|Type of record:||Monument|
|Name:||Bronze Age barrow, Three Halfpenny Hill|
A large Bronze Age bowl barrow with an outer bank, situated on Salthouse Heath is visible on 1946 and 1994 aerial photographs, and is one of the largest and best-preserved barrows in the county.
|Grid Reference:||TG 0774 4215|
|Parish:||SALTHOUSE, NORTH NORFOLK, NORFOLK|
1849. Site excavated.
21m (70 feet) diameter, 1.8m (6 feet) high surrounded by bank and double trench.
Small broken urn 10cm (4 inches) high alone found.
R. R. Clarke (NCM).
(S1) describes this as a bank in the shape of a 6 with entrance towards the sea and a central mound.
Section by R. R. Clarke (NCM) shows banks 30cm (1 foot) high (that on east destroyed), mound 1.8m (6 feet) high, ditch 45cm (1 foot 6 inches) deep; from west, marked as '17 feet to edge of ditch, 30 to far side ditch, 108 to far side mound, 121 to far side further ditch, 138 to far edge east bank'.
Dimensions confirmed. Gorse covered on heath.
The urn was found 'somewhere near the surface of the mound' and 'has a kind of chevron pattern scored on the rim'; apparently lost.
A. J. Lawson (NAU), 30 January 1976.
(S2), Bolding notebook (S3).
E. Rose (NAU).
Photographs in file.
Good condition, low bracken. Outer bank burnt bare on northwest.
J. Wymer (NAU).
Bolding Number 10.
Ordnance Survey Records.
R. J. Rickett (NAU), 31 May 1990
Schedule gives as 2m high, 25m across, ditch 4m wide.
Copy in file.
E. Rose (NLA), 17 November 1995.
October 2002. Norfolk NMP.
Large bowl barrow centred on TG 0774 4215 and measuring 25m in diameter, with an outer bank 5m across, visible on 1946 RAF aerial photographs (S7) and Ordnance Survey aerial photographs from 1994 (S8). A ditch separates the two and is approximately 2-3m wide. This monument is likely to be Bronze Age in date, however it may be early in the period. It is morphologically very similar to the largest mound of the NHER 6201 group to the north east.
S. Massey (NMP), 19 December 2002.
May 2003. Field observations. NGR obtained by GPS; TG 07744 42167.
Good condition. Hints of a slight external bank.
D. Gurney (NLA), 18 June 2003.
2009. As part of the 2009 Salthouse Sculpture Trail, a local artist created an avenue between this monument and 6203 (which are intervisible). Entitled 'Brush with Nature', two lines of markers made from the debris of recently-felled trees and saplings form an avenue between the two mounds. This was inspired by Neolithic stone avenues such as can be seen at Carnac in France and Aylesbury in England (S9).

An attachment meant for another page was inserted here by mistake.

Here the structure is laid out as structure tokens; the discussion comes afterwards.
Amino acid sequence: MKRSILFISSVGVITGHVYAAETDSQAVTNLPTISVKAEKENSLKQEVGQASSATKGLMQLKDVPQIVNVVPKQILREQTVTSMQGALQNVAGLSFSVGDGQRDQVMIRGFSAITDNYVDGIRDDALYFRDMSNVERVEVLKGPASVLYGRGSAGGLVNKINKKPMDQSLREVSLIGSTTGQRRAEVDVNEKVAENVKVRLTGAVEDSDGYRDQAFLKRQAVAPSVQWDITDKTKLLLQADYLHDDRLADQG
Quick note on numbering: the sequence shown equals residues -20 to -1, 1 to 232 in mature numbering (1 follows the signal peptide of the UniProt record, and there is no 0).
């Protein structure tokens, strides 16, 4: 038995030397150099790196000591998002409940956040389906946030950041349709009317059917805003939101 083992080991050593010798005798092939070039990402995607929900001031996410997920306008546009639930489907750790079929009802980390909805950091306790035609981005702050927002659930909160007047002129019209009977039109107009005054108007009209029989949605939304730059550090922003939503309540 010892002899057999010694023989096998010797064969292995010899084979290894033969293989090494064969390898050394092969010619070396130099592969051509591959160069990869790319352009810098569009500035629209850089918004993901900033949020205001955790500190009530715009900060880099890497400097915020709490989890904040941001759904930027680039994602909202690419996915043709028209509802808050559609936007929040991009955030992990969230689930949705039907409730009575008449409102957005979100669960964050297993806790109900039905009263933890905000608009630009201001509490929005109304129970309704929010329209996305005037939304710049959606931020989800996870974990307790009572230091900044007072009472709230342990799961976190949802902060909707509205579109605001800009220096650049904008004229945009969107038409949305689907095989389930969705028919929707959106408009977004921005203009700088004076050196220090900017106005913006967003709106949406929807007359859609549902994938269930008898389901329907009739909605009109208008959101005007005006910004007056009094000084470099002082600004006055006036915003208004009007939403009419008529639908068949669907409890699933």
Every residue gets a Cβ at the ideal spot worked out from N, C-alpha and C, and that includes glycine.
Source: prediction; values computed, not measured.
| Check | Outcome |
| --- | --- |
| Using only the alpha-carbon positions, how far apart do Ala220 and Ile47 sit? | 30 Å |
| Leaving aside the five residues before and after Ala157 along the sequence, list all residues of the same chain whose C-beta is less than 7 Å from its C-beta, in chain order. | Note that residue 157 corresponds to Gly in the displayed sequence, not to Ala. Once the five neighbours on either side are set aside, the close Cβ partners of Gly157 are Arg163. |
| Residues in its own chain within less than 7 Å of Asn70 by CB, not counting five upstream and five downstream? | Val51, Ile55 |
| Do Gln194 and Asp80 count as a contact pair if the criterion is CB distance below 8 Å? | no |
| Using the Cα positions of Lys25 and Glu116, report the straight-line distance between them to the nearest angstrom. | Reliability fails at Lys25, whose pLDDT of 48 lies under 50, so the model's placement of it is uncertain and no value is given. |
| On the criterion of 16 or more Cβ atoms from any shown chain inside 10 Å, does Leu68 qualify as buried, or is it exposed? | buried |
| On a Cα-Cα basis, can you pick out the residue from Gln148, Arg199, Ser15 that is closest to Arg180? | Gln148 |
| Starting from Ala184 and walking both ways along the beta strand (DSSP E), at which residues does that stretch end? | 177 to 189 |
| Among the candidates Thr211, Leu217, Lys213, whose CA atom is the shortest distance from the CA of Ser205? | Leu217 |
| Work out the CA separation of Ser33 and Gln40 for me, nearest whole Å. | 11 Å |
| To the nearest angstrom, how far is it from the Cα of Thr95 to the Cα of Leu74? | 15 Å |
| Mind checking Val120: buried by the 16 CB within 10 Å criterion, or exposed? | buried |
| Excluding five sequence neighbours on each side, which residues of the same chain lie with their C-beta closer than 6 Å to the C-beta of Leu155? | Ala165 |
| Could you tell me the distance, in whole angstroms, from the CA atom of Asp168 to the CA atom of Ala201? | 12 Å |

D. Gurney (NLA), 24 August 2009.
- ROUND BARROW (Bronze Age - 2350 BC to 701 BC)
- POT (Bronze Age - 2350 BC to 701 BC)
- Scheduled Monument
- Management Statement
Sources and further reading
|---||Photograph: HQ 1-2, BZP 8-10, CXV 8-10. |
|---||Aerial Photograph: TG0742 A-D,Q,R. |
|---||Unpublished document: H. Paterson (A&E), MPP. Section 17 Management Agreement. |
|---||Archive: Ordnance Survey Staff. 1933-1979?. Ordnance Survey Record Cards. TG 04 SE 16 . |
|---||Archive: Clarke, R. R. and NCM Staff. 1933-1973. Norwich Castle Museum Record Card - Bronze Age. Salthouse. |
|---||Secondary File: Secondary file. |
|---||Slide: Various. Slide. |
|<S1>||Serial: Bryant, T.H.. c.1900. Norfolk Churches.. |
|<S2>||Article in serial: Chester, G. J.. 1859. Account of the Discovery of Ancient British Remains, Near Cromer. Norfolk Archaeology. Vol VI pp 263-267. pp 263-267. |
|<S3>||Monograph: Lawson, A. J., Martin, E., Priddy, D. and Taylor, A. 1981. The Barrows of East Anglia. East Anglian Archaeology. No 12. |
|<S5>||Scheduling record: Corbishley, M.. 1983. AM107. |
|<S6>||Article in serial: Chester, G.J.. 1850. Archaeological Journal. p 392. |
|<S7>||Vertical Aerial Photograph: RAF. 1946. RAF 106G/UK/1571 3166-7 07-JUN-1946 (NMR). |
|<S8>||Vertical Aerial Photograph: Ordnance Survey. 1994. OS/94172 027-8 14-JUN-1994. |
|<S9>||Verbal communication: Judith Campbell. 2009. |
|38629||Part of: Salthouse Barrow Cemetery (Monument)|
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